Prevention of Intensive Care Unit-acquired Pneumonia

Michael Klompas, MD, MPH

Disclosures

Semin Respir Crit Care Med. 2019;40(4):548-557. 

In This Article

Summary and Practical Recommendations

Much still remains unclear about how best to prevent pneumonia in critically ill patients. Recent studies have challenged many favored interventions without clearly identifying a bundle of interventions that does work. Head-of-bed elevation is widely practiced but there are very little randomized controlled trial data supporting its use. Novel endotracheal tube cuff shapes and materials do not lower VAP rates and continuous control of cuff pressure remains understudied. An updated meta-analysis of subglottic secretion drainage reported no impact on duration of mechanical ventilation, ICU length of stay, or mortality. Selective digestive decontamination has historically been the one pneumonia prevention strategy repeatedly associated with lower mortality rates, but a recent cluster randomized trial in ICUs with a high baseline prevalence of resistant organisms did not find a mortality benefit. Oral care with chlorhexidine has a limited effect on VAP and may increase mortality rates. Stress ulcer prophylaxis is associated with higher pneumonia risk in some studies. Probiotics are associated with lower VAP rates but sometimes cause bloodstream infections and do not clearly impact more objective outcomes.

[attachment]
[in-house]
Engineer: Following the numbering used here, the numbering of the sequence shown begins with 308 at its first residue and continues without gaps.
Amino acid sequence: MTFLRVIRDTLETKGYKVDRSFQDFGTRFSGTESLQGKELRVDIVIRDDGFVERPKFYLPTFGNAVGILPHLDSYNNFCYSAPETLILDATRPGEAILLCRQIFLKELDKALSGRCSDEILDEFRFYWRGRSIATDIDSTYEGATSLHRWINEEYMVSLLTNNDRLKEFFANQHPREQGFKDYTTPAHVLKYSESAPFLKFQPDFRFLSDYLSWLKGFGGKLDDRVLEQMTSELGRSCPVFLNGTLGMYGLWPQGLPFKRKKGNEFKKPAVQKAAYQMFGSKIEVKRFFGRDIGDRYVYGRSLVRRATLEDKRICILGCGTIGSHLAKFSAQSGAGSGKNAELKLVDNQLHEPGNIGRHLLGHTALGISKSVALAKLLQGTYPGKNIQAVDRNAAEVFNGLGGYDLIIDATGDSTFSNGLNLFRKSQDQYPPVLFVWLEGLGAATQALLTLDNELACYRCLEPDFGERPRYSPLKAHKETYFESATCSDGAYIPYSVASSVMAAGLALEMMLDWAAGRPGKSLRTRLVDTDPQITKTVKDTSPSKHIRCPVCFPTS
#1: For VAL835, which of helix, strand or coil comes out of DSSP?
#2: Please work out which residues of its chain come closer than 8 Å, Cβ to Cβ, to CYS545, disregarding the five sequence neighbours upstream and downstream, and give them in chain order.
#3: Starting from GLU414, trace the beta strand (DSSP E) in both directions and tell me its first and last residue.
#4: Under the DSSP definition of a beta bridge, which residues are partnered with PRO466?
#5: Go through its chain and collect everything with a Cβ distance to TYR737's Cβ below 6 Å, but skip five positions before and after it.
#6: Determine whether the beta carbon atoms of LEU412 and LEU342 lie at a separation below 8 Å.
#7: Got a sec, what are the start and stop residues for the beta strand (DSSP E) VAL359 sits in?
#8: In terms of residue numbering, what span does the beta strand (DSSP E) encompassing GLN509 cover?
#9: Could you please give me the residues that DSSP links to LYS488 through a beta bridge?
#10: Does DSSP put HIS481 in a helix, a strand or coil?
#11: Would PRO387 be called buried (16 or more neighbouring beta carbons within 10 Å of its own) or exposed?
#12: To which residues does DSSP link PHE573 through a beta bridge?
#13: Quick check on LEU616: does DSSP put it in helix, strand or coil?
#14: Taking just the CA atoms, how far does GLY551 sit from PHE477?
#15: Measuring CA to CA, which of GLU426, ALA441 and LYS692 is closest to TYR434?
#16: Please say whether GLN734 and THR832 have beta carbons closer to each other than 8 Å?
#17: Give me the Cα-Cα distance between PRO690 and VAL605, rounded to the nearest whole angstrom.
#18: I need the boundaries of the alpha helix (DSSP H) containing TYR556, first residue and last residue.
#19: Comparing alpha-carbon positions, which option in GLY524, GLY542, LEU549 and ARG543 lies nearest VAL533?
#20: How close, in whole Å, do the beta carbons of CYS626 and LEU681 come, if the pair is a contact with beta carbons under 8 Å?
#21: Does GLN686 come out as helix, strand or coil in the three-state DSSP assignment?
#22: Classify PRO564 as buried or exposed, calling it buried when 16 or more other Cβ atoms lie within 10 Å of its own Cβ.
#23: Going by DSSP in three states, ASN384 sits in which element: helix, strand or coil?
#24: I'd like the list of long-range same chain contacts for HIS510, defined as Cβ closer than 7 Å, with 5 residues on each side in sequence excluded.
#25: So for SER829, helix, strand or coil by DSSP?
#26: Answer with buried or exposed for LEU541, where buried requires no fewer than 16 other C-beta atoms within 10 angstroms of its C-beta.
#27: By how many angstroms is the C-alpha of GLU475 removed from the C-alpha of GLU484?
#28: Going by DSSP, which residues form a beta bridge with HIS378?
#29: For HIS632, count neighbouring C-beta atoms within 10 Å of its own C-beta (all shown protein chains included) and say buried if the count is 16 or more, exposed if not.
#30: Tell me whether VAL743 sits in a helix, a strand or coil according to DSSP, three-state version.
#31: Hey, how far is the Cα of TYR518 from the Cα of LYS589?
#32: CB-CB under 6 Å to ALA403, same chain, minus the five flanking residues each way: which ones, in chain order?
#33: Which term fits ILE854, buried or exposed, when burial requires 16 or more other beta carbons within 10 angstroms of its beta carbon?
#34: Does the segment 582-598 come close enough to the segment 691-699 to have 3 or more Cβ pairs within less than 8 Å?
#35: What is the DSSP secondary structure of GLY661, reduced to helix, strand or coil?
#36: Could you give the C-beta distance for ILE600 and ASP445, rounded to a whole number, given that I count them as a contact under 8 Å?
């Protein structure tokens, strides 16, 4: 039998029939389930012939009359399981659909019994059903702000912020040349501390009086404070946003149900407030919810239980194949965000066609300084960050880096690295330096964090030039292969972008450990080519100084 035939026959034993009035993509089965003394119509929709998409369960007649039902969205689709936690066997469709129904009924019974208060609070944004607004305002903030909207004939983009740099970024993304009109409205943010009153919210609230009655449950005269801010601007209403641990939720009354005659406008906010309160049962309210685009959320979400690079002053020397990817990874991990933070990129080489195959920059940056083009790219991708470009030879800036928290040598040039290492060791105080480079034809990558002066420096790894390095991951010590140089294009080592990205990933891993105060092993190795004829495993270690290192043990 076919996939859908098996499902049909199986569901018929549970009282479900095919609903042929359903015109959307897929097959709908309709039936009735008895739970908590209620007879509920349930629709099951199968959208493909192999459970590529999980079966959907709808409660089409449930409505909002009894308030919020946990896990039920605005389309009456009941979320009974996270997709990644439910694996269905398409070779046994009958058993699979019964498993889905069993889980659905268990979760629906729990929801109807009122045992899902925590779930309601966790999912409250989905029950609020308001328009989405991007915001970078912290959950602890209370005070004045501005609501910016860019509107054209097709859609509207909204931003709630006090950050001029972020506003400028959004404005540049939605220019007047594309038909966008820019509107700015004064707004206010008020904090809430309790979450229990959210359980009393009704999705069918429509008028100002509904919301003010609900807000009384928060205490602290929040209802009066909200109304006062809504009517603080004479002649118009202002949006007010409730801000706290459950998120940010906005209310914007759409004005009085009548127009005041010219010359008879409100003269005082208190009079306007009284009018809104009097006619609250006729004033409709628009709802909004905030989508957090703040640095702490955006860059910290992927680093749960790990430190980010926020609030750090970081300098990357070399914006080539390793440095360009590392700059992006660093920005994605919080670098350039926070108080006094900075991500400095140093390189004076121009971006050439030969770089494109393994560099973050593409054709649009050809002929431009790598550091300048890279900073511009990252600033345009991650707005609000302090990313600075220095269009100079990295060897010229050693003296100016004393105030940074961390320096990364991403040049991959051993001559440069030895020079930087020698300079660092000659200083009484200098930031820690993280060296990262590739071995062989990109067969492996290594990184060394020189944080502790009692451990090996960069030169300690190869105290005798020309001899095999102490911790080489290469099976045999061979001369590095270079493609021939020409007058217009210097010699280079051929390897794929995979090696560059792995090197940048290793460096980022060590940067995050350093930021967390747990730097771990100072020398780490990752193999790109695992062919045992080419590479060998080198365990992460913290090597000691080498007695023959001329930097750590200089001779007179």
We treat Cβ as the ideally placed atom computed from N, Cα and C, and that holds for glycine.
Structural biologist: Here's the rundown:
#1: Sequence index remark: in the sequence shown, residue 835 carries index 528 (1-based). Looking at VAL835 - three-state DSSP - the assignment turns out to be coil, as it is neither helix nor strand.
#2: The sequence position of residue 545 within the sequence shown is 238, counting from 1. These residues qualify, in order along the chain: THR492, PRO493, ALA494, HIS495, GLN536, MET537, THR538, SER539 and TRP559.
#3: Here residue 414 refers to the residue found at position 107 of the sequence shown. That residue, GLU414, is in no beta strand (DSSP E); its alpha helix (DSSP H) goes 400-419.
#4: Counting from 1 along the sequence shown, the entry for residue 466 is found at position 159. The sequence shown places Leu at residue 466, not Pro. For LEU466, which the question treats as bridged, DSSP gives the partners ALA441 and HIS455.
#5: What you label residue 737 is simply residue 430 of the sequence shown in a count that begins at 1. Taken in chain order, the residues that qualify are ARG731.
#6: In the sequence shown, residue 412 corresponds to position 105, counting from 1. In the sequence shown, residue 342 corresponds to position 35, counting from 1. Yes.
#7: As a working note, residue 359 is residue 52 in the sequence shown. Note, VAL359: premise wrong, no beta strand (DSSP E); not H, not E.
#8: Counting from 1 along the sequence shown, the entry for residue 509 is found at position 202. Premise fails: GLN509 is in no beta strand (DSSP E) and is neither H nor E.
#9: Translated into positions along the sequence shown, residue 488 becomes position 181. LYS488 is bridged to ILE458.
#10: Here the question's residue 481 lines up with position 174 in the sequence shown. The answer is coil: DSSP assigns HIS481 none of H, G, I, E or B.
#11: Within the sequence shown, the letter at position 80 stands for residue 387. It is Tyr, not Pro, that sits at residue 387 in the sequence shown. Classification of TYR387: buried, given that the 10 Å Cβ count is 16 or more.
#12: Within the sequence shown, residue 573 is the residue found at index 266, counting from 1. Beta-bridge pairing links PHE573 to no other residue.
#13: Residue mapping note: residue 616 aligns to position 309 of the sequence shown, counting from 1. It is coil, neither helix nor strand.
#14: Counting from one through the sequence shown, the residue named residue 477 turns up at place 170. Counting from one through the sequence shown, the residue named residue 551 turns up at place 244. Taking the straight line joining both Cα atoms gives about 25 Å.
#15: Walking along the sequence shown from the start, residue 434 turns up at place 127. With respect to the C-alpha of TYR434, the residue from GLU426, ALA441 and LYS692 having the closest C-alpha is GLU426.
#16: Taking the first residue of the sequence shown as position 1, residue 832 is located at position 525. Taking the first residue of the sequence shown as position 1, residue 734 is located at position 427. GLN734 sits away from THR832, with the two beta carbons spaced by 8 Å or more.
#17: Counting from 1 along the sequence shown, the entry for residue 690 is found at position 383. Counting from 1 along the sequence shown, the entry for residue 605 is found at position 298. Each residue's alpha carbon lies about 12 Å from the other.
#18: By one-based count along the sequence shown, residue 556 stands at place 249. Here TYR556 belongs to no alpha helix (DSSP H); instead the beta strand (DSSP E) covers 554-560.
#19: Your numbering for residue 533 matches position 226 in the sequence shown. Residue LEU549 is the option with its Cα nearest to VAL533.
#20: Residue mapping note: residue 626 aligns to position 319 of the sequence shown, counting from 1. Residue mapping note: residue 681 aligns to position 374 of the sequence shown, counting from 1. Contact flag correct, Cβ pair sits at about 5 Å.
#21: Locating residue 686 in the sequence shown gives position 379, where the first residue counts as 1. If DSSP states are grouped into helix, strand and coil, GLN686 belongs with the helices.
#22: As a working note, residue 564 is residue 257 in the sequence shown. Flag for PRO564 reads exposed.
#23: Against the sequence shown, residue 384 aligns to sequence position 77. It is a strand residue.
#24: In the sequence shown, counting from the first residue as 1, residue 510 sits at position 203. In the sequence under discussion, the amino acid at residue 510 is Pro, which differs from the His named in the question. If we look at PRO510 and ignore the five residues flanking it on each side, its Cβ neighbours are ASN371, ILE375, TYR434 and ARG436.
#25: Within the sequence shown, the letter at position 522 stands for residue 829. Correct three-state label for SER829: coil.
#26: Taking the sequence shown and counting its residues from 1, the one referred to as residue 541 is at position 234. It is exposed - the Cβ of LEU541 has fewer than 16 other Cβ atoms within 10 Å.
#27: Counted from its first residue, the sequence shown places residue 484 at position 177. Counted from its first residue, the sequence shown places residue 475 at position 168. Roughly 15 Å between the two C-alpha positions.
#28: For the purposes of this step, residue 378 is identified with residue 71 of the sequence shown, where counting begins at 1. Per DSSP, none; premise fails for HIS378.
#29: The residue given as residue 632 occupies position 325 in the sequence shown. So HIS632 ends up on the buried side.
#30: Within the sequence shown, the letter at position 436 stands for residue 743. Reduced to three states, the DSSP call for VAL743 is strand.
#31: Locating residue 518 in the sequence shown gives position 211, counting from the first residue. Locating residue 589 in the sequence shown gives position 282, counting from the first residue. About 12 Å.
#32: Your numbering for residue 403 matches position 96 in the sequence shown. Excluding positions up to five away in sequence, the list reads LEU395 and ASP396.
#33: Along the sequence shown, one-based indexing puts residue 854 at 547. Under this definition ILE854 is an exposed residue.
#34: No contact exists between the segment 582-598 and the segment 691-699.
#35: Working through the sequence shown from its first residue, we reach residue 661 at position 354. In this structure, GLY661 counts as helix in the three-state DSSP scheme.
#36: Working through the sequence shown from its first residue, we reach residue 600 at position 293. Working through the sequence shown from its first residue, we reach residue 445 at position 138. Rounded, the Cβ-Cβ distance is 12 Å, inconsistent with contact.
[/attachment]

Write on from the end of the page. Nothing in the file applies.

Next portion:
Large multicenter studies on stress ulcer prophylaxis, probiotics, and oral care with chlorhexidine are underway, so more clarity may be forthcoming. In the interim, a practical way forward is to prioritize interventions with the best safety records and the most convincing (albeit still imperfect) data suggesting a favorable impact on objective outcomes. These might include avoiding intubation whenever possible using high flow oxygen or noninvasive mechanical ventilation as appropriate, minimizing sedation, implementing daily spontaneous breathing trials, mobilizing patients early, providing oral care with sterile water alone, and elevating the head of the bed. Other strategies such as digestive decontamination, continuous monitoring of endotracheal tube cuff pressures, and probiotics may prove beneficial but more data on their safety and effectiveness are needed before advocating widespread adoption.

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